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Thread: Grandma Just Diagnosed

  1. #1
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    Grandma Just Diagnosed

    Hi Everyone,

    I'm Chrissie, 25 years old and very concerned about my Grandma, who has just been diagnosed with MND (we're yet to be told which version, as she is currently still in hospital, being monitored).
    We first noticed symptoms in May of last year in the form of drop foot (which we put down to a fall that my Grandma had in the February before, as she slipped on some black ice). Over the last couple of months, she had been complaining that her bones hurt all over and she had the added symptom of emotional liability (I initially put the crying down to grief, as we lost my Mum, my Grandma's brother and sister-in-law within the space of 18 months).
    However, things came to a head on Monday of last week and we finally concluded that she needed to go to A&E, as she did not feel safe on her own at home (dizziness, falling etc.)
    We had the diagnoses (90% chance, so they say) of MND on Friday of last week.
    Up until this point, I had been doing my Grandma's shopping, some housework and trying (with quite a lot of difficulty) to get her out of the house.
    As the symptoms are only going to get worse (i.e. she's now having trouble swallowing and her voice is quite raspy at times and I've noticed her handwriting is starting to suffer a little), I am now terrified about the future in the fact that I don't feel capable of providing proper care.
    The hospital asked her if she wants me to help her get out of bed each morning or if she wants a carer in to do it. She leaned towards asking me because I think she's worried about strangers coming into her home/having a key to her home, which I understand. However, I work full-time and, though my workplace has been extremely understanding, I don't want to give it up. Thinking about the way this disease progresses in the most logical manner I can, I don't want to make my whole 'purpose' in life about MND care because, when the inevitable happens, I will be a complete wreck and won't be able to pick myself back up- I feel I need my work to stay sane, if that makes sense.
    Has anyone else had any relatives with MND that are opposed to getting the care they need from a 'proper carer'?
    I'd appreciate any information anyone has to give- knowledge is power, as they say.

  2. #2
    Forum Member Terry's Avatar
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    Hi Chrissie and welcome to the forum;

    Sorry to hear about your grandma's diagnoses, it must be a total shock.

    I would be tempted to push for carers, (especially if she can get them free), because it leaves able to see her at other times and help out, being a friend. Also as her needs grow the bases is already in place and it will save both of you further emotional torment.

    I guess she's been prescribed a drug to help with emotional troubles. You can also get talking apps for tablets and I Pads.

    She also needs a OT to get walking aids and grab handles etc sorted.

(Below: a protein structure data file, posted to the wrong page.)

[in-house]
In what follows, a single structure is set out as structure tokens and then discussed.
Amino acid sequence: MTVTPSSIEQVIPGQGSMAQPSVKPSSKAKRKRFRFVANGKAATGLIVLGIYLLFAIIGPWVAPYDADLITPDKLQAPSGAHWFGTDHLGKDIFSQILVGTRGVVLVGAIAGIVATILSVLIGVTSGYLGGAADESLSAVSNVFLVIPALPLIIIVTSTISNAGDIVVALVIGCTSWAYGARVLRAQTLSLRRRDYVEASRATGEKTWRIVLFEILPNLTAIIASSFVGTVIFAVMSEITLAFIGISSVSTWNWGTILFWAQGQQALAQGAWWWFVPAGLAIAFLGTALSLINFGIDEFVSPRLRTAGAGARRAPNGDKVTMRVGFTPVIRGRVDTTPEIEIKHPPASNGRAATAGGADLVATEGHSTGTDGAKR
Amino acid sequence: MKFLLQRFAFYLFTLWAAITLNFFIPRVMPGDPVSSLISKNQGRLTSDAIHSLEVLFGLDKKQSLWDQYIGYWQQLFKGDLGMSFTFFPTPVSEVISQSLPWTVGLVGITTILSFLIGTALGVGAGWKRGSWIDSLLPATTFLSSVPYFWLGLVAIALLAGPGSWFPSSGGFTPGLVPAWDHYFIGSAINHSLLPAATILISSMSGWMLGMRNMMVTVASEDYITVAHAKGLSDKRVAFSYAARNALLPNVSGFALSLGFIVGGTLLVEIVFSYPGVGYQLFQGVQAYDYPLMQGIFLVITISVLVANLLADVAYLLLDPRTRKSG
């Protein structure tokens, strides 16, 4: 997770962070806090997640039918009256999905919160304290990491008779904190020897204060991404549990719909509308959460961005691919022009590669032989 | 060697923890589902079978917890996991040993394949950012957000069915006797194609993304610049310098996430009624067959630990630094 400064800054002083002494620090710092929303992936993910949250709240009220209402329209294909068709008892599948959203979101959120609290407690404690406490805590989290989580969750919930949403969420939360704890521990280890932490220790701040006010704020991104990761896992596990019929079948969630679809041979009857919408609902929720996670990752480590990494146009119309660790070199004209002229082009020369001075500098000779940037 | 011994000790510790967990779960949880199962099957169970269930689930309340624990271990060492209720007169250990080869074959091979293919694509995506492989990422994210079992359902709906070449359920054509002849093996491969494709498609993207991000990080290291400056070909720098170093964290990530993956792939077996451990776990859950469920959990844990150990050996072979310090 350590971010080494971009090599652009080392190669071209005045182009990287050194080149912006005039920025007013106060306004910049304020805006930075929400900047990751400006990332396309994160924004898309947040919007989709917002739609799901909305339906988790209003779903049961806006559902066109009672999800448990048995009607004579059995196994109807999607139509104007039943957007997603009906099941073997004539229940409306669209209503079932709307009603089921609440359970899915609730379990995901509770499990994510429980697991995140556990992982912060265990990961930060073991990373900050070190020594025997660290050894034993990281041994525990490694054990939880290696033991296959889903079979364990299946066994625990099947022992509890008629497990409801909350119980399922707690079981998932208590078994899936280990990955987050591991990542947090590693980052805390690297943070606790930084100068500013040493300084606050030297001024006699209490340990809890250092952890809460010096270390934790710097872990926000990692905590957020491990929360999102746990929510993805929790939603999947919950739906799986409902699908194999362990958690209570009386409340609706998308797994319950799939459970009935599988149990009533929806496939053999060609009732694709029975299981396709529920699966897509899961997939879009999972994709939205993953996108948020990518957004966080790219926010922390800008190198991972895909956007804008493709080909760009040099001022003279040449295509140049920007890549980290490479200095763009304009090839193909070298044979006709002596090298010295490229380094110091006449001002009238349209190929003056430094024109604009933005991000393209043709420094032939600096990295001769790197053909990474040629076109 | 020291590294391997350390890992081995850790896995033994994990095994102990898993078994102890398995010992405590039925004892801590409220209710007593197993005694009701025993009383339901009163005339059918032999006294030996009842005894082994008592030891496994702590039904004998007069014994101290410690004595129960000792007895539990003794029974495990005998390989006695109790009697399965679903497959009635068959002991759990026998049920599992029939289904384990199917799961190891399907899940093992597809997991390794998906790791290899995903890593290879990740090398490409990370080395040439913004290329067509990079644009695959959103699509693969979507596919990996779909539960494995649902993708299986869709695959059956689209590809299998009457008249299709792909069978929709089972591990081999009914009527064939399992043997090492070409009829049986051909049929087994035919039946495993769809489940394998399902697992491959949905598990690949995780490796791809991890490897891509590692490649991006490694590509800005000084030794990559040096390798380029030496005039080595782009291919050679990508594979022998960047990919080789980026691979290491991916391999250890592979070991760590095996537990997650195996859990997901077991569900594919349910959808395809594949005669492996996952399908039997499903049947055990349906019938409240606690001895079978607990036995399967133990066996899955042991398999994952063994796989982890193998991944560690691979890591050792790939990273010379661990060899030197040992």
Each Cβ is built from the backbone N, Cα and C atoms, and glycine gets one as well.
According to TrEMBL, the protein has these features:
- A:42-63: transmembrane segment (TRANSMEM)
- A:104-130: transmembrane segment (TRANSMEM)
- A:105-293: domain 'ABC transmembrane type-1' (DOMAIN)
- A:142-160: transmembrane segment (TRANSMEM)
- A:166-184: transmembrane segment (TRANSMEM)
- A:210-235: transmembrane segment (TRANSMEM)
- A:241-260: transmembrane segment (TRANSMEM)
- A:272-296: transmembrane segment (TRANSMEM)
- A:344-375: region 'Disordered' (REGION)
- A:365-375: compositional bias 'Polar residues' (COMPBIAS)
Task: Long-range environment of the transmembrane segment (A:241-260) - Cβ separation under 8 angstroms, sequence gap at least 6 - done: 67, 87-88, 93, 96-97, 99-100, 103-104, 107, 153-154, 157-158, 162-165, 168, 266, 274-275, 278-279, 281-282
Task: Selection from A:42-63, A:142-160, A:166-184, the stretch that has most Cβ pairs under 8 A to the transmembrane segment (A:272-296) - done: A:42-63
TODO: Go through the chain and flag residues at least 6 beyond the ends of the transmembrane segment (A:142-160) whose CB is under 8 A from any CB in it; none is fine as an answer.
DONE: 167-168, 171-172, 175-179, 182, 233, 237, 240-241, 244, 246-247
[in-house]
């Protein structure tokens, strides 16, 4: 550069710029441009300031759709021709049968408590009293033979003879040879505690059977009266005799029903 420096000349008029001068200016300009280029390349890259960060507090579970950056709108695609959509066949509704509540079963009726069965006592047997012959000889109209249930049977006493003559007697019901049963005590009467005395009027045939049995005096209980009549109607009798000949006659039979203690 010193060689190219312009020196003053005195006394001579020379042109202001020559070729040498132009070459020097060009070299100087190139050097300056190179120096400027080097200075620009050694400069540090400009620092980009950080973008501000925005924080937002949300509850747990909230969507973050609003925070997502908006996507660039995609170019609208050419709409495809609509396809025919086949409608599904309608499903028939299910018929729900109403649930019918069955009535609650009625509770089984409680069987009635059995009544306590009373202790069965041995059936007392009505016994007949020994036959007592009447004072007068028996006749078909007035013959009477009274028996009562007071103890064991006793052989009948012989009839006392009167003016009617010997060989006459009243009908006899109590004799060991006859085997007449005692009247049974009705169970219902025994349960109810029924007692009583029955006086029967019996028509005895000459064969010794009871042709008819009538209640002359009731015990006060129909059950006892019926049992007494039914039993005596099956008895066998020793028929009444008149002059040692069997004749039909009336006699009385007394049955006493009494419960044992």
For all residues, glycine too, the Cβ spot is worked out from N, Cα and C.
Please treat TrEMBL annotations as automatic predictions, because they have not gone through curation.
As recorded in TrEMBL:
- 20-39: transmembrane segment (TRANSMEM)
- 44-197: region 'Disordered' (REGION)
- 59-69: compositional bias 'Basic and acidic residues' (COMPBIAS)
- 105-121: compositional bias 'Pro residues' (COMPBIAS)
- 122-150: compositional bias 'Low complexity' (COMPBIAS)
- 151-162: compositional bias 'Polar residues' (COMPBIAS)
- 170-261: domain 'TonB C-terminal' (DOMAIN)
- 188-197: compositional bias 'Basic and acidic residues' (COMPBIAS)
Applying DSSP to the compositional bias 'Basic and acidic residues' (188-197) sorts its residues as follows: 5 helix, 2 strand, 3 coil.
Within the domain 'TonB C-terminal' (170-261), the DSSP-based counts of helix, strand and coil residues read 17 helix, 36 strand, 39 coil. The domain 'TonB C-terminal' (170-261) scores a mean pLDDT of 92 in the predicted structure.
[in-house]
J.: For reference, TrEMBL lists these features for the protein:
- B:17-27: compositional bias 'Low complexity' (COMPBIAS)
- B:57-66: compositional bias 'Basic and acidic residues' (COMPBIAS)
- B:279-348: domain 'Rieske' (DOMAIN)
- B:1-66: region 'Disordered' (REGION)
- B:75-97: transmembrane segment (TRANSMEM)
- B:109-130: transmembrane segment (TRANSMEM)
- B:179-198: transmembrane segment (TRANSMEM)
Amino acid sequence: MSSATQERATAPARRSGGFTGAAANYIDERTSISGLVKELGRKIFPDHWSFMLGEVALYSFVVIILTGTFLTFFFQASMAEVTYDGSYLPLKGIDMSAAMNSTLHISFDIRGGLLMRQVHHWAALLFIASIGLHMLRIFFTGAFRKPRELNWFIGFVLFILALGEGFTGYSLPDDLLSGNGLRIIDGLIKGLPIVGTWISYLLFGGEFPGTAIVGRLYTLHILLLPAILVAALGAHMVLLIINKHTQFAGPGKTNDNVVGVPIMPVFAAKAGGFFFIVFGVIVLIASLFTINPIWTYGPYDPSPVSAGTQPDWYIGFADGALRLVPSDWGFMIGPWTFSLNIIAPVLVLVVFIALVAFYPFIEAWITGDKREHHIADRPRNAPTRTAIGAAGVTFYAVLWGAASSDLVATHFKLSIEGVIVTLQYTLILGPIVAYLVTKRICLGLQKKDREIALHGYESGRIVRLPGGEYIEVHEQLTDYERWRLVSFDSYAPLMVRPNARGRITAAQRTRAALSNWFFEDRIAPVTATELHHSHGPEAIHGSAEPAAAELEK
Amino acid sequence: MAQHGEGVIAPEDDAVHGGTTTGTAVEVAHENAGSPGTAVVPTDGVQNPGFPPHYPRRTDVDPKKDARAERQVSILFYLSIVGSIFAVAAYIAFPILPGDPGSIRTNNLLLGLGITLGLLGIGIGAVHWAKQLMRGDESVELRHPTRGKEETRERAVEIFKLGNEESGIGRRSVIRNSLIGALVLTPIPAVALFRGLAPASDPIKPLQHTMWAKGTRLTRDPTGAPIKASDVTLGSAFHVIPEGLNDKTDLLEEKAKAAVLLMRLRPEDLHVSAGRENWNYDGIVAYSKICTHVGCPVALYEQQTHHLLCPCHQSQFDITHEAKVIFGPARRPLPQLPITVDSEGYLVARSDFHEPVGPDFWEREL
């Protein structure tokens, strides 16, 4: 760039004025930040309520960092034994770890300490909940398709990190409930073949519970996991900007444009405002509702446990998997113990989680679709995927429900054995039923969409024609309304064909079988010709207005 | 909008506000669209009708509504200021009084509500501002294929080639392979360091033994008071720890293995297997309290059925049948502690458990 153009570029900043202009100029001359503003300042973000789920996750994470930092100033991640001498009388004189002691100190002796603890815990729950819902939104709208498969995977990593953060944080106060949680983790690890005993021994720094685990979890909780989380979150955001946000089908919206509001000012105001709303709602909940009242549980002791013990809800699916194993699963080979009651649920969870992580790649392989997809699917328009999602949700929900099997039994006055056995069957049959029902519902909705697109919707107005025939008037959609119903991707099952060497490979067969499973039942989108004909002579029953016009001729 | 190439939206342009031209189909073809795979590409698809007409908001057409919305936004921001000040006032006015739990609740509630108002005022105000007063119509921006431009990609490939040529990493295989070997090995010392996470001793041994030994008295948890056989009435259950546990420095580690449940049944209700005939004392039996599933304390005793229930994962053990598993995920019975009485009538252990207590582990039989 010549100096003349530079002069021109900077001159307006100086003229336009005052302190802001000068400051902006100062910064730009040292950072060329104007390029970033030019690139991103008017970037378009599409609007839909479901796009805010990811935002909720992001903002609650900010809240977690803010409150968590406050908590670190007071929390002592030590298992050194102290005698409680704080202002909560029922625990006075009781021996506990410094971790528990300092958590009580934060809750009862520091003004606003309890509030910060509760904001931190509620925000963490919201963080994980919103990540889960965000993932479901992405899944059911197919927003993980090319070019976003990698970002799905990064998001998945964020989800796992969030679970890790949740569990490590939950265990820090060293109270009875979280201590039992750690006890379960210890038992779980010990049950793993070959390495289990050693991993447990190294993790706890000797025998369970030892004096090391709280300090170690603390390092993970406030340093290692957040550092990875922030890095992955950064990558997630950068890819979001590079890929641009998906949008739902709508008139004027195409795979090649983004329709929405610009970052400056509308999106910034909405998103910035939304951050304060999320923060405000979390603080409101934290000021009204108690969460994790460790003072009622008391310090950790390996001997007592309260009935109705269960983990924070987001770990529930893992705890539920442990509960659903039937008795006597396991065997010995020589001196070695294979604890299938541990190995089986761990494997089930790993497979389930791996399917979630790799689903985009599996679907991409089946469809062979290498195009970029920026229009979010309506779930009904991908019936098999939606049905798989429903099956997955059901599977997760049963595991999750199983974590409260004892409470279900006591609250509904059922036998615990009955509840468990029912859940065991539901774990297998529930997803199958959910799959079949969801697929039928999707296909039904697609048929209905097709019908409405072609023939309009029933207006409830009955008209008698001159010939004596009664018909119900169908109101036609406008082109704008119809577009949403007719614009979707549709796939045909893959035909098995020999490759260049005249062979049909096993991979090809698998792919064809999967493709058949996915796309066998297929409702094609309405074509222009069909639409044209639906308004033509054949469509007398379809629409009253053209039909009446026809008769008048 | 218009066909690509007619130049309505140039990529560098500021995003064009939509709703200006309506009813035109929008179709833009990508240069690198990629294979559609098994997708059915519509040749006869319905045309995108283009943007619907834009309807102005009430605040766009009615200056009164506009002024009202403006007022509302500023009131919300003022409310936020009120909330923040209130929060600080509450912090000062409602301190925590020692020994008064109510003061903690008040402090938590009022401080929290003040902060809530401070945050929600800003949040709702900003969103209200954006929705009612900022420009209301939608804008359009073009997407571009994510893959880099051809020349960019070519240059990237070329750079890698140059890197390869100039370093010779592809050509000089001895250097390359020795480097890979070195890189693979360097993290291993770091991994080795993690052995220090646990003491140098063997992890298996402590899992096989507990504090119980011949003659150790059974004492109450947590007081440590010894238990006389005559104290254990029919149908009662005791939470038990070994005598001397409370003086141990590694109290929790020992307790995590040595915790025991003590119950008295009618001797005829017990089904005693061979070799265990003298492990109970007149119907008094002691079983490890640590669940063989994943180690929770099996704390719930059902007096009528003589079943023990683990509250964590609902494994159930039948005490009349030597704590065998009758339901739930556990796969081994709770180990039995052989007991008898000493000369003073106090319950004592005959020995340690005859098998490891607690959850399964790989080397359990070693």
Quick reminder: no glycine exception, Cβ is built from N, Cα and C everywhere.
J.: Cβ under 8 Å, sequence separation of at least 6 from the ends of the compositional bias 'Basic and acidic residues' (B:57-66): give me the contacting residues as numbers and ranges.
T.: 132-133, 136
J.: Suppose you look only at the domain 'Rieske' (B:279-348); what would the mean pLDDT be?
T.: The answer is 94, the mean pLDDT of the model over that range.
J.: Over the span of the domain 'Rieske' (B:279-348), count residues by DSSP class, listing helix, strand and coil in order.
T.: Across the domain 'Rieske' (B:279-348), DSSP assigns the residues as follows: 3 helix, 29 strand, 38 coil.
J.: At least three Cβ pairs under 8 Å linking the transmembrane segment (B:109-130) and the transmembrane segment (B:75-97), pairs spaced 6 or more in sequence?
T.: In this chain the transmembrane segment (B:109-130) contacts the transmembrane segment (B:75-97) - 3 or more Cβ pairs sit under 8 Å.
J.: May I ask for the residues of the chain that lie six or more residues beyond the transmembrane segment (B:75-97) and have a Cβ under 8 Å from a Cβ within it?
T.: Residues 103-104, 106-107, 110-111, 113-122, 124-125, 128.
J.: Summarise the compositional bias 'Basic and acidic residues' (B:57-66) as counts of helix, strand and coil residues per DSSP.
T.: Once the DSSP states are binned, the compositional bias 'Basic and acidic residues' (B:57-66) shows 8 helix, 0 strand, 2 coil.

Best wishes, Terry
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    Hi Terry,

    I think I was the only one who wasn't shocked by the diagnosis- I'd been trying to read up on her symptoms since she started having them and I came across MND only a month ago- everything fit, but I wished that it was something (anything!) else. I didn't say anything to my Grandma at the time, as I didn't want to scare her.
    I don't know what the hospital are giving her at the moment- only one member of the medical team at the hospital has spoken to me the whole time she's been in there and that was only to ask me about the getting out of bed thing.
    I do believe that there is going to be a meeting with the whole team + me before they let my Grandma go home, but even that I had to hear from my Grandma, not a medical professional.
    It's not setting a very good precedent for future care, if I'm honest.
    I had the delivery today of the toilet raisers and we already had a different OT out a month or so ago for a walking frame, grabber etc. Just waiting on the correct chair raisers, as the incorrect ones were delivered today.

  4. #4
    Forum Member Ellie's Avatar
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    Welcome to the Forum Chrissie.

    I'm sorry for what you and your Grandma have been through in the last 18-24 months, it must be taking its toll.

    You're very young Chrissie and although I'm sure you're very close to your Grandma, I too would urge you to use outside carers to look after your Grandma. That's not to say you're not up to the job nor don't want to do it, you can still be involved in your free time - caring for a person with MND often turns into a full-time job.

    Maybe ask to see the hospital Social Worker before the meeting - there *ought to be* some form of care plan discussed before your Grandma is discharged. Does she live alone?

    Look after yourself.

    Love Ellie.
    ​Diagnosed 03/2007. Sporadic Definite ALS/MND Limb Onset.

  5. #5
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    Hi Ellie,

    Thank you- it's nice to be able to talk to others in the same boat about all of this.

    I want to use outside carers, but, as my Grandma doesn't seem to want to use them, I'm really trying to do 'the right thing'- I don't want to force her to do anything she doesn't want to do, but, at the same time (and as you say) it does turn into a full-time job and I really don't think I have the strength (physically or emotionally) to do it by myself.

    I wasn't aware that there was such a thing as a hospital social worker so thank you for letting me know!

    She does live alone, but, fortunately, I live only a couple of streets away.

    Thanks, Ellie!

  6. #6
    Forum Member Kayleigh's Avatar
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    Hello Chissie and welcome to the forum,

    I'm sorry to hear of your Grandma's diagnosis, and that your mum and other close members of your family have passed away recently.